By meghna at 8 April, 2011, 1:14 am
It has been a long time since my last post was published on Legal Drift. I got mails, facebook messages and a number of reminders from my readers who were waiting to read something new. Due to some other professional commitments, I was unable publish any new article. I apologize to all my readers for the delay in posts and assure them that this would never re-occur.
Presently, everyone is worried about the growing corruption in the nation. Where does this corruption hail from? Politicians; Who elects them? We, the citizens of India; How do these politicians convince us to vote for them? By paying news channels which in turn focus on publicizing these people before masses.
I still remember the 2003 elections in Rajasthan. Everyone thought Gehlot would be re-elected as the Chief Minister. Hardly a few people were aware of the presence of Mrs. Vasundhra Raje Scindhiya as the candidate for the opposition. But then something happened that changed the entire course of things in a couple of months. The local media channels and newspapers started promoting BJP with all vigor. They conceptualized brilliant advertisements, banners and slogans to prove their point. Resultantly, congress lost the elections by a substantial margin. This is the power of “paid news”.
Back in 2003, paid news had played a less significant role in changing the outcome of elections but this culture of “purchasing news” became widespread in both Lok Sabha and assembly elections in Maharashtra and Haryana of 2009. Even though, the Election Commission through a circular in 2010 cautioned the chief electoral officers of all states and union territories about this mal-practice a lot is still required to be done in this regard.
Concept of Paid News:
Independence of media is considered most vital in a democratic set-up. An accountable and responsible media helps the citizens to make informed political decisions at all levels. Unfortunately, nowadays the concept of “paid news” is on a rise. Most of the political parties sponsor particular news channels (in cash or in kind) to purchase certain journalistic loyalties in return. This tradeoff between the political parties and media houses results in manipulation and filtration of relevant information which often leads the masses to make wrong choices.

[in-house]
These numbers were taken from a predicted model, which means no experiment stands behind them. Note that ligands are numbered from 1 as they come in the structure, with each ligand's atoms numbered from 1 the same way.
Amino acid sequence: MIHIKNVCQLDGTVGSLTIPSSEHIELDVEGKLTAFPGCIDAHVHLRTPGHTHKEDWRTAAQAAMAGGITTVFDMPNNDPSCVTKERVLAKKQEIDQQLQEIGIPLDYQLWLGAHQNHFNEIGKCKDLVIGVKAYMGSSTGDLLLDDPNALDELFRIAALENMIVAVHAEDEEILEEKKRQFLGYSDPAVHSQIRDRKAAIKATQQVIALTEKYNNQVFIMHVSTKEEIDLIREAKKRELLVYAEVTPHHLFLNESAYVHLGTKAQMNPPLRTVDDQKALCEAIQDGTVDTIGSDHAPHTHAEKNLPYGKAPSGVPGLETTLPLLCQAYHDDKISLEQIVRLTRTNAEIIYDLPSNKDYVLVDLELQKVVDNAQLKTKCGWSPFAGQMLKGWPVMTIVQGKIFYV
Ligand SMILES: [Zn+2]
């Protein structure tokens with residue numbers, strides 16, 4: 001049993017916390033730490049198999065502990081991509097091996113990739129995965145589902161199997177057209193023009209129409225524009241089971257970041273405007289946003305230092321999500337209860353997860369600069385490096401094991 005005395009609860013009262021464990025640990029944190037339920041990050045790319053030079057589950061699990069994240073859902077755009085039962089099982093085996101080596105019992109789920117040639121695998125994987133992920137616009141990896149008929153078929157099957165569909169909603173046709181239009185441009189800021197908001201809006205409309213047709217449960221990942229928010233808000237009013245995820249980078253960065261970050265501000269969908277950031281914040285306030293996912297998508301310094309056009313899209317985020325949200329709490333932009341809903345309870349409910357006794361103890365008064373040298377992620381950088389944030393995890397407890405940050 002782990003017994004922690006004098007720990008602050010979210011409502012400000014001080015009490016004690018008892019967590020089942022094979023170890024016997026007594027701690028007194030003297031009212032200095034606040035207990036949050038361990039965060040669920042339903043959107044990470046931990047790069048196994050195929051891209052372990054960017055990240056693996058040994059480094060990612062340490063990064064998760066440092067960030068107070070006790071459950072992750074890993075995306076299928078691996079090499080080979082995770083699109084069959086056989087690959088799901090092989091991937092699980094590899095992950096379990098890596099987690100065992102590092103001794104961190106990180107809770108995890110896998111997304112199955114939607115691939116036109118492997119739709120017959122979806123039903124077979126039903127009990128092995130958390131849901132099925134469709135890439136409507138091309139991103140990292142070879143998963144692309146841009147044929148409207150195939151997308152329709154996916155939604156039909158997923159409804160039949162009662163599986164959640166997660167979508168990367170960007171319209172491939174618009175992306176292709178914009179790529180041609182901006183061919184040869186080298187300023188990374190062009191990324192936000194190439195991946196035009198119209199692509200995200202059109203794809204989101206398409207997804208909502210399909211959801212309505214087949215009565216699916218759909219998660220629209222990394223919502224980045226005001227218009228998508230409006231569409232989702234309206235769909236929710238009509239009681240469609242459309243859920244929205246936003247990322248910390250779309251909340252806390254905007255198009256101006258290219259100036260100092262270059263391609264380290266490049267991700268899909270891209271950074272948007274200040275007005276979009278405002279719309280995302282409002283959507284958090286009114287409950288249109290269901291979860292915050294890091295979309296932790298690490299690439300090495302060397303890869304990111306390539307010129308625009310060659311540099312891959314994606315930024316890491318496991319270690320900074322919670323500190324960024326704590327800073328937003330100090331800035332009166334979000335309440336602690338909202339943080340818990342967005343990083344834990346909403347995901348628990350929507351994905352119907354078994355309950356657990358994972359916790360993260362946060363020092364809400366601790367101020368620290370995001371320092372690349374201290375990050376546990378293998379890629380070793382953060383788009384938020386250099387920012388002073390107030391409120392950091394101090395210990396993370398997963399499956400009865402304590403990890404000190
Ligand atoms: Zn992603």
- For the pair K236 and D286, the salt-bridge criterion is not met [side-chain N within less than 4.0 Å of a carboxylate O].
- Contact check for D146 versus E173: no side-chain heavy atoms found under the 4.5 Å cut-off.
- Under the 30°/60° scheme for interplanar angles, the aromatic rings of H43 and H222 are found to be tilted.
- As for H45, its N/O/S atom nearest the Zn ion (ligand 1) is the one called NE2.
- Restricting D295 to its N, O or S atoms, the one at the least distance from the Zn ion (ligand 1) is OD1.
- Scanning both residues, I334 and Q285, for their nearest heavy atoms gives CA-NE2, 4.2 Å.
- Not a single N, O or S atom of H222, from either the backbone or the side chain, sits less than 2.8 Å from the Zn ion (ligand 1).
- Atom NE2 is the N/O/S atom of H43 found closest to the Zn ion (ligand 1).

The Sections 77 and 123(6) of the (Representation of the People) Act prescribe accounting and ceiling of election expenses and exceeding these prescribed limits may be construed as a corrupt practice in elections. Any article or advertisement that either eulogise or denigrate a particular candidate or party may attract serious legal action against the publisher as well as the printer. It is compulsory for the publisher of an election advertisement and pamphlet to print his/her name and address as well as that of the printer under the provisions of Section 127 of the RPA, any default may result in imprisonment up to two years and/or a fine of Rs.2,000. Moreover, under Section 171-H of the Indian Penal Code, a fine of Rs 500 may be imposed if found guilty for making or accepting illegal payments for elections.
How effectively have we curbed the practice of paid news?
Even though over 100 show-cause notices have been served to the candidates no successful inquiries have been conducted yet. The circumstantial nature of the evidence has helped to cloak the deeds of both media houses as well as particular candidates and parties. Most of these transactions remain undisclosed and secretive. Interestingly the print media enjoys greater freedom than the electronic media.
In a noted judgement of Supreme Court which came in 2004, the court observed that the ban on electronic media to refrain from broadcasting news related to election campaigns 48 hours before polling does not apply to print media. Hence the newspapers are allowed to publish campaign news even on the polling day.
What needs to be done?
States like Assam, Kerala, Puducherry, Tamil Nadu and West Bengal would be soon conducting assembly elections. An effective and efficient media regulatory mechanism is required to tackle this unethical and illegal practice. An independent regulatory body may be constituted which may consist members of Press Council of India. The previous efforts by the Election Commission to curb this practice have not proved very fruitful. The Election Commission should be given greater powers and responsibilities to tackle this problem.
Both substantive and procedural aspects of law relating to paid news must be revised. A higher monetary fine should be imposed on people involved in such transactions. The government is also planning to amend the Representation of People Act which would definitely prove useful. A duty to examine instances of paid news must be vested in responsible public officers like district collectors. This would ensure an external regulatory mechanism. Guidelines should be laid down for the news agencies to make special efforts to distinguish routine news from paid news. This would help readers to make informed decisions.
“Let no money color our opinion. For a responsible media we ourselves need to be responsible readers and above all responsible voters.”